Yesterday, TechFreedom filed comments in response to the Federal Trade Commission’s (FTC) proposed amendments to the premerger notification rules that implement the Hart-Scott-Rodino Antitrust Improvements Act (HSR Act) and to the Premerger Notification and Report Form and Instruction. In conjunction with its submission, TechFreedom has released a data file collecting HSR filing and enforcement statistics.

“The agencies’ implementation of the HSR Act’s notification and waiting period requirements is significantly overinclusive, inefficient, and burdensome to the agency staff and filing parties,” said Bilal Sayyed, TechFreedom Senior Competition Counsel, former Director of the FTC’s Office of Policy Planning, and a 25-year veteran antitrust merger lawyer. “Over the 29 year period 1993–2021, the antitrust agencies received notice of approximately 61,300 acquisitions, opened investigations into just over 8,300, and challenged only 1,274. The Act, and its implementing rules, call for significantly more filings than are necessary to identify and challenge anticompetitive transactions.” 

“The Agencies propose to significantly increase the burden on parties to submit an initial HSR filing,” said Sayyed. “Certain information the agencies suggest they may require filing parties to provide is simply not germane to an antitrust inquiry and should not be included with the initial filing.”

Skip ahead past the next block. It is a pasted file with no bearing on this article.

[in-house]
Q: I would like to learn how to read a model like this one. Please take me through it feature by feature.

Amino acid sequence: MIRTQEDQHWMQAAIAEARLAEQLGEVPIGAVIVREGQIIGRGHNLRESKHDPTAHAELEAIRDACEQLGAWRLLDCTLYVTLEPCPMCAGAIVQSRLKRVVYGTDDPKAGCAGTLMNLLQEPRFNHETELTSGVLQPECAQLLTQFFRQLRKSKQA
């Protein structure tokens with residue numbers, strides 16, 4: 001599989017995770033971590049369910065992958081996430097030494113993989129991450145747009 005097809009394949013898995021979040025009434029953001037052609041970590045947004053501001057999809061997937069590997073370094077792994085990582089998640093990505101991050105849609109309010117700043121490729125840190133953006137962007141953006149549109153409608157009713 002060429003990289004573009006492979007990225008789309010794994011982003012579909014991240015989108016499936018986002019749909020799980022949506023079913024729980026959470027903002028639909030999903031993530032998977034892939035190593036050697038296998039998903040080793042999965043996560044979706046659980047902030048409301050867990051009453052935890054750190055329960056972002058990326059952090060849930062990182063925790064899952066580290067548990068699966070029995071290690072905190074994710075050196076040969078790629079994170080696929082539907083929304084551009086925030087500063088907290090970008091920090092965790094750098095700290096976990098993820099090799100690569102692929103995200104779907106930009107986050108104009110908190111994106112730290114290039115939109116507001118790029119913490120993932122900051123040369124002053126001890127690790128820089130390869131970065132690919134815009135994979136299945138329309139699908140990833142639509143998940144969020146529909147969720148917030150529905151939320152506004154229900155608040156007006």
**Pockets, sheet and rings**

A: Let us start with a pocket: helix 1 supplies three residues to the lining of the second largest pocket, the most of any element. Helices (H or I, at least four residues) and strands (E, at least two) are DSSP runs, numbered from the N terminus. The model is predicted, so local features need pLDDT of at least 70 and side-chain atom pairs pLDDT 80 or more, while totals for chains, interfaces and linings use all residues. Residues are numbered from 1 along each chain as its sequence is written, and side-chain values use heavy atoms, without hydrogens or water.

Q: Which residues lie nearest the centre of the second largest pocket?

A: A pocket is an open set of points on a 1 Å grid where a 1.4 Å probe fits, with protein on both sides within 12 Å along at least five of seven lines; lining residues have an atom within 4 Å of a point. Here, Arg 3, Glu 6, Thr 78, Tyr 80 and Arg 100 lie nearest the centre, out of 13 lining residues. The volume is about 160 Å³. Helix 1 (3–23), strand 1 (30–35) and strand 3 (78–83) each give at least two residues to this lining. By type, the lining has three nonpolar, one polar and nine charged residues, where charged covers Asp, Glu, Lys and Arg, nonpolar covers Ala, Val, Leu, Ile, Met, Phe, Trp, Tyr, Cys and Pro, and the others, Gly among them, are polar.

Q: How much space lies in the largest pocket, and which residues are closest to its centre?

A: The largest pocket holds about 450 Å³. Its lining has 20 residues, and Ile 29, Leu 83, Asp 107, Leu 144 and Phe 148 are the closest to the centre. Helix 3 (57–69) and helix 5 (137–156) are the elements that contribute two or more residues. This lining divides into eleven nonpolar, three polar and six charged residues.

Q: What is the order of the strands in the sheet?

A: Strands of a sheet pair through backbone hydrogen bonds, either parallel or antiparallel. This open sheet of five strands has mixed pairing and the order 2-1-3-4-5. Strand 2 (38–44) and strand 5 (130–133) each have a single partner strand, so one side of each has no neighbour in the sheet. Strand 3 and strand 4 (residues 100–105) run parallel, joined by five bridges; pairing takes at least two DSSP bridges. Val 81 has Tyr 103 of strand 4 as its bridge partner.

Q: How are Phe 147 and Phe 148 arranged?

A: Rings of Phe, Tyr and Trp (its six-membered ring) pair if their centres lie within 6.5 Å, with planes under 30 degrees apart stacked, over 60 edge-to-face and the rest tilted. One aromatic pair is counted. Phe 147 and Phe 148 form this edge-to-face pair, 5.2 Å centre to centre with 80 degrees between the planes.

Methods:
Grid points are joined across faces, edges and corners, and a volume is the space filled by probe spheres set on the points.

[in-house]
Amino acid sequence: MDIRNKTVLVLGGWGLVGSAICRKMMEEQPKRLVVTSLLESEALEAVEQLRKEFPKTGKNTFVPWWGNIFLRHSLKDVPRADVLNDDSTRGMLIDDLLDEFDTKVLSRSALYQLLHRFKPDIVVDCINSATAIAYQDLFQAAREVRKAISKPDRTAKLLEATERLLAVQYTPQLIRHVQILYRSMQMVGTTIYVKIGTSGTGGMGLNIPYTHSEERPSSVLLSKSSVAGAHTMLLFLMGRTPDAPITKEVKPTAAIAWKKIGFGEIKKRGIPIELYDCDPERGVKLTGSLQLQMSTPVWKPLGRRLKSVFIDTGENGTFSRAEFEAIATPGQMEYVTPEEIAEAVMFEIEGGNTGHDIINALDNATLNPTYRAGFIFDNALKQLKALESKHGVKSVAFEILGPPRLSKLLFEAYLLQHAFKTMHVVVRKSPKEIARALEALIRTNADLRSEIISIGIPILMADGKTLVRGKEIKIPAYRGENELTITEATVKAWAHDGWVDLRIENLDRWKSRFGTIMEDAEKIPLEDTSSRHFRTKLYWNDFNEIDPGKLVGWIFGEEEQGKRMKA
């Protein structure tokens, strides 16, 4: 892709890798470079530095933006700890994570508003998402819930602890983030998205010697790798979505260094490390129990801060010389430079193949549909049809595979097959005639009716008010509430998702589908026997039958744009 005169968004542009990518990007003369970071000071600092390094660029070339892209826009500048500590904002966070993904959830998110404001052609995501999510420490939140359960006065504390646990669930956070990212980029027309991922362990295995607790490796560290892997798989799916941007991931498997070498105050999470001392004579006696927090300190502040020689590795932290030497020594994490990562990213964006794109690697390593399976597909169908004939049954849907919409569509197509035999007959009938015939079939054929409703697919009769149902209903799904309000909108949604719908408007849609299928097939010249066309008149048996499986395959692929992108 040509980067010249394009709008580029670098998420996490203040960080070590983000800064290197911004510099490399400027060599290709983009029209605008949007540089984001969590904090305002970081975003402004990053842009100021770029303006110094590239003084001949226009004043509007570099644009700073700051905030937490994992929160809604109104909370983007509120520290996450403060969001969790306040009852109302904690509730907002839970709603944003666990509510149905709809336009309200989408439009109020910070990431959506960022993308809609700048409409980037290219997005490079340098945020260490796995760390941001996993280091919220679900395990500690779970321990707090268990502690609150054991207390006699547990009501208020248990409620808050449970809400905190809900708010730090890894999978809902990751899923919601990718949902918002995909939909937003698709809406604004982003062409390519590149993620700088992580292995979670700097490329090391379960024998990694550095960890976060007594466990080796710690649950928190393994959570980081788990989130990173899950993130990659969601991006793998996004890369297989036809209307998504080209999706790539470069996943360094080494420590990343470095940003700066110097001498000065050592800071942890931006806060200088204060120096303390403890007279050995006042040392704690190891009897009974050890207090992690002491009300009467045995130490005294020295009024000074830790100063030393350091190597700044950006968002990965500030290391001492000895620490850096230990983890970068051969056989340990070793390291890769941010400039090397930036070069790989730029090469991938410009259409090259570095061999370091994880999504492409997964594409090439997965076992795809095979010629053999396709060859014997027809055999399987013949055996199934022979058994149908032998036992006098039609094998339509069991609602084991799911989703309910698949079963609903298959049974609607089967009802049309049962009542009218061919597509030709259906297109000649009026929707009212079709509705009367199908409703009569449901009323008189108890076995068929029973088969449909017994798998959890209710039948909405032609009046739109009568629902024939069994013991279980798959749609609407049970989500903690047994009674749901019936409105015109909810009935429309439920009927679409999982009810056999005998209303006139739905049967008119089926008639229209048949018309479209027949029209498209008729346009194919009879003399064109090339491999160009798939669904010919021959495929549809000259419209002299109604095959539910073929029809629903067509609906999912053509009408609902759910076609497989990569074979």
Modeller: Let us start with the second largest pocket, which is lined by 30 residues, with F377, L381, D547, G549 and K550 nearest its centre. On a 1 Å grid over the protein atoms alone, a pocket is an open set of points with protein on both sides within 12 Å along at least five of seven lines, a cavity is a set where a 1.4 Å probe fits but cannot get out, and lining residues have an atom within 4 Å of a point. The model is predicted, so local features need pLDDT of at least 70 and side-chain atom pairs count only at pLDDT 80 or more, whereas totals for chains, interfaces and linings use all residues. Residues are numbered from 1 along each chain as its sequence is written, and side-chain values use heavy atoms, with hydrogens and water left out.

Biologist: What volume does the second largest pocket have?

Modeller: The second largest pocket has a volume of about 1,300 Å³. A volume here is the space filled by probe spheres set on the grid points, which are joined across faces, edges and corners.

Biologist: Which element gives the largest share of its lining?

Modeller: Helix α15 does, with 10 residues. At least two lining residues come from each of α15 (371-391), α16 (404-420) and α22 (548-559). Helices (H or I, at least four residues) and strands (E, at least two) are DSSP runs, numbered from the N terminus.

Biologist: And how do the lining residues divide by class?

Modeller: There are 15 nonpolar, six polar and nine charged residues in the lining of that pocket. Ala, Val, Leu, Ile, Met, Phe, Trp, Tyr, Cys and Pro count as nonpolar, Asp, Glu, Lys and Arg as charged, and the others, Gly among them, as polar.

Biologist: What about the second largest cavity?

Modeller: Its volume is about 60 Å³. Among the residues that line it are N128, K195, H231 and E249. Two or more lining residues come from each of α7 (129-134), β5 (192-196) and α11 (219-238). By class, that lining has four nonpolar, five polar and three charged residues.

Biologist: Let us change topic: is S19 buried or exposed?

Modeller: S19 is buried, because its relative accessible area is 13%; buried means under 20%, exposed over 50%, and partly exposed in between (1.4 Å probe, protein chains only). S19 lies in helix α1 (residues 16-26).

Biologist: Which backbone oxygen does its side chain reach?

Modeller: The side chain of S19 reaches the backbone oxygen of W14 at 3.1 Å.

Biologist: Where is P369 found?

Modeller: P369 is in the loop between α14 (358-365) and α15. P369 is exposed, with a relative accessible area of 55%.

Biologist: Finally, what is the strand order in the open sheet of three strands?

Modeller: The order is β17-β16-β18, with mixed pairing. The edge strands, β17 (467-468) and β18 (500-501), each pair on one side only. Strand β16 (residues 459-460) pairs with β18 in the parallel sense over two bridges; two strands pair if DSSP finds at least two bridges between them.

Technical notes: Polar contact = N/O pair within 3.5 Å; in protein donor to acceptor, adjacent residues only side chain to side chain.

“Rather than increase the notification requirements on all parties, the agencies should exempt more transactions from the reporting and waiting period requirements of the HSR Act to free up agency resources,” Sayyed concluded, “The agencies claim to be stretched too thinly to challenge anticompetitive mergers, yet they continue to devote thousands of hours annually to the review of HSR Filings for transactions that history shows have next to zero chance of being the subject of an enforcement action. In 2020, the Commission proposed an exemption for acquisitions resulting in the acquiring person holding no more than 10% of the voting securities of the acquired entity. The Commission should enact this proposal. But they should go further and exempt from the notice and waiting requirements of the Act all acquisitions of voting securities that do not transfer control of the to-be-acquired issuer. This is a nearly cost-free way to free up thousands of man-hours every year that can be applied to the identification and investigation of small, non-reportable acquisitions that transfer control and that may be anticompetitive.”


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